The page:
But it wasn’t until Looft saw a doctor who doesn’t believe she has fibromyalgia that she started to feel some physical relief.
Dr. Jonathan Kost, the director the Connecticut Spine and Pain Center at Bristol Hospital, listened carefully to her story and began to treat each one of her problems as an individual malady. He prescribed a low-dose antidepressant for her sleeplessness. He injected anti-inflammatory medication in swollen joints. He used electrical stimulators on tightened muscles and skin patches containing pain medication for other sore spots.
Looft began to feel relief from some of her symptoms. For now, she said, that is enough. “What you want to do is to be able to push the pain down to the level below your consciousness,” she said. Looft’s response to those individualized treatments argues against a diagnosis of fibromyalgia, Kost said.
“She wouldn’t be getting relief from individual treatments if she had true fibromyalgia,” he said, terming fibromyalgia “a garbage can diagnosis,” a place for cases that don’t fit into neatly defined medical cubbyholes.
Kost suspects that Looft may suffer from a group of individual but unrelated maladies but said he doesn’t really know and that he hasn’t pushed his conclusions on her.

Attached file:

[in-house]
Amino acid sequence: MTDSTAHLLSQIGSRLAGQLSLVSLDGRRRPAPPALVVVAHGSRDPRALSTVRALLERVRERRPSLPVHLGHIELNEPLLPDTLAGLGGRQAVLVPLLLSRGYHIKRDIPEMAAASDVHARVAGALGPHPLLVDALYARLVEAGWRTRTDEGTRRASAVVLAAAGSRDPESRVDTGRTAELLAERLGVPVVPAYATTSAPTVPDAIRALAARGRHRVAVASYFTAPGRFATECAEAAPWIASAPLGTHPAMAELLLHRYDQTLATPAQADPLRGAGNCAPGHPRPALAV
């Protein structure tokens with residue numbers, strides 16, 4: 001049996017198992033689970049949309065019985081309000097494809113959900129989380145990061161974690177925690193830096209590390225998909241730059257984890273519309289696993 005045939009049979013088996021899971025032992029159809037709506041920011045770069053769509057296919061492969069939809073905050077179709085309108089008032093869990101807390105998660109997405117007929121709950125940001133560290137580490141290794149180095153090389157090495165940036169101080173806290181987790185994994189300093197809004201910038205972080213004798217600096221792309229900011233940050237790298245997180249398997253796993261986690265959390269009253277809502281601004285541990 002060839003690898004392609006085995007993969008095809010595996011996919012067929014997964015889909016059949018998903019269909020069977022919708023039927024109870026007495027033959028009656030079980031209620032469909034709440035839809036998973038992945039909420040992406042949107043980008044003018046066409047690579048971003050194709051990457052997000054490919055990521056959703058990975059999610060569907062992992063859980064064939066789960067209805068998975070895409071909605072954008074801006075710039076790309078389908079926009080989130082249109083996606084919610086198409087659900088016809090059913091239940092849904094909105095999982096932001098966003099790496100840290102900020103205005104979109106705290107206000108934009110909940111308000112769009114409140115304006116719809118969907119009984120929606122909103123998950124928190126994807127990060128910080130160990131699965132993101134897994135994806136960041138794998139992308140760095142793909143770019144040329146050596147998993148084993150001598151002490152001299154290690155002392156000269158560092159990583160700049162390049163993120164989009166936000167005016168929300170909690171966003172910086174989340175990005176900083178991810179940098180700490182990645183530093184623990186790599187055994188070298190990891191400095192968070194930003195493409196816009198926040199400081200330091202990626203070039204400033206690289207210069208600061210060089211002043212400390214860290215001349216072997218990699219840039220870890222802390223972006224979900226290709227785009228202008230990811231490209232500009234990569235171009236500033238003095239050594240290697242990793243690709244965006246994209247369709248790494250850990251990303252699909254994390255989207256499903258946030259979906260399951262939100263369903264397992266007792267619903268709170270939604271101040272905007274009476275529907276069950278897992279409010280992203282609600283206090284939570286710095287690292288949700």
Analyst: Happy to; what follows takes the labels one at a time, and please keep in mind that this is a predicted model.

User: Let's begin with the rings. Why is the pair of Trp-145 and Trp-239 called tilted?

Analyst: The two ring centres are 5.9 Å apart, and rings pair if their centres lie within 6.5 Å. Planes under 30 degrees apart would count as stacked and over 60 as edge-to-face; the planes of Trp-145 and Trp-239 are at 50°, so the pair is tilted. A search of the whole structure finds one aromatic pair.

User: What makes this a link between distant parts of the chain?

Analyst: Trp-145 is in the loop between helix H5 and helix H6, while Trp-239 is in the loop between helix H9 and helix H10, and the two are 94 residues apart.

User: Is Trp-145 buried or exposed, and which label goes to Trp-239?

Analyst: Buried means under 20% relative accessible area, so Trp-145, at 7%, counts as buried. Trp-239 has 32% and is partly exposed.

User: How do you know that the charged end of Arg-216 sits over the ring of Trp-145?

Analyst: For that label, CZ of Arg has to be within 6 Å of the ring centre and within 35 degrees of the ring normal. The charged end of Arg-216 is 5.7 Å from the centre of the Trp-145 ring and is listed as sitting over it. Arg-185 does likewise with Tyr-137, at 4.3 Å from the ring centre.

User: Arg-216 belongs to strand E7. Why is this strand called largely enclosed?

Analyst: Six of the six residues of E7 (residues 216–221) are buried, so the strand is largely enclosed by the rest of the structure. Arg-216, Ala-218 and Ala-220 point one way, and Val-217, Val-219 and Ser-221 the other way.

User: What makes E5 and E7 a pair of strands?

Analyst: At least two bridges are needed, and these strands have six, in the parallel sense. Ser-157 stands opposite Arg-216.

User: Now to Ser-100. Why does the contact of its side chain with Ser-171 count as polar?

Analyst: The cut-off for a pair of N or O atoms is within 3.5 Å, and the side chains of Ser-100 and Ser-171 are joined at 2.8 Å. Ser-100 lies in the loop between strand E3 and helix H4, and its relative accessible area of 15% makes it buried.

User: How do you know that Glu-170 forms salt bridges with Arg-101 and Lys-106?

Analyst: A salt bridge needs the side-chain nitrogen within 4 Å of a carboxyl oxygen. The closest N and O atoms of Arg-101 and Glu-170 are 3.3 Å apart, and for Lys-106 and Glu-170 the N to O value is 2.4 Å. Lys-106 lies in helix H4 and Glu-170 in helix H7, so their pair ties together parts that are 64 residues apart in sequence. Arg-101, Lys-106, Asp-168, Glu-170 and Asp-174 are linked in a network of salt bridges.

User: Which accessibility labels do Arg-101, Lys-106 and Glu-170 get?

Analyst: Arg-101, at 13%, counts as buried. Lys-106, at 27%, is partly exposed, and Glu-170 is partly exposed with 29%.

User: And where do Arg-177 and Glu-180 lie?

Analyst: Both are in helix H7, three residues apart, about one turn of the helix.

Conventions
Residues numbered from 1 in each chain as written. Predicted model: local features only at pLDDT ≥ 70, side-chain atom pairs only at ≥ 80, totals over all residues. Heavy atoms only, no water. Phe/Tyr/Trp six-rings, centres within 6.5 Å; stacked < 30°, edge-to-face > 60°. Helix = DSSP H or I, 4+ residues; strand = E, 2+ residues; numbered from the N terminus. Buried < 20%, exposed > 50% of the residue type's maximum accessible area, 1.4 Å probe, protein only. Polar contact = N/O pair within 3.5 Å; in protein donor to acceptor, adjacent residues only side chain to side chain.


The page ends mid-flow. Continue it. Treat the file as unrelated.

“It’s extremely important to have a diagnosis, not only for people to feel validated but to be able to tell other people what their problem is,” he said. “It’s not my job to steal that from her. It’s my job to make her better.” As Kost puts it, pain relief “is all a matter of putting little pieces together.”
That seems to be the emerging message from pain specialists. There may be no silver bullet, no magic medical wand to lift all the pain, but perhaps people who suffer can find some relief for some symptoms.
Emil Albert also saw Kost and had his pain relieved in bits and pieces. Nerve blocks help with his phantom limb pain. He has patches containing localized anesthetics that he places on areas of pain. For his diabetic neuropathy, he receives regular shots of methadone, an opioid that carries a low risk of psychological addiction and is used to help addicts withdraw from heroin.
Like Looft, Emil Albert has come to accept pain as a permanent guest that demands acknowledgement, but not obeisance. He wakes up, puts pain into its compartment and heads to work. “When I think about it, I feel I’m pretty lucky,” Albert said. “I’m still here.”
Note: This article has been edited for length.
Source: www.ctnow.com. Copyright © 2004 by The Hartford Courant.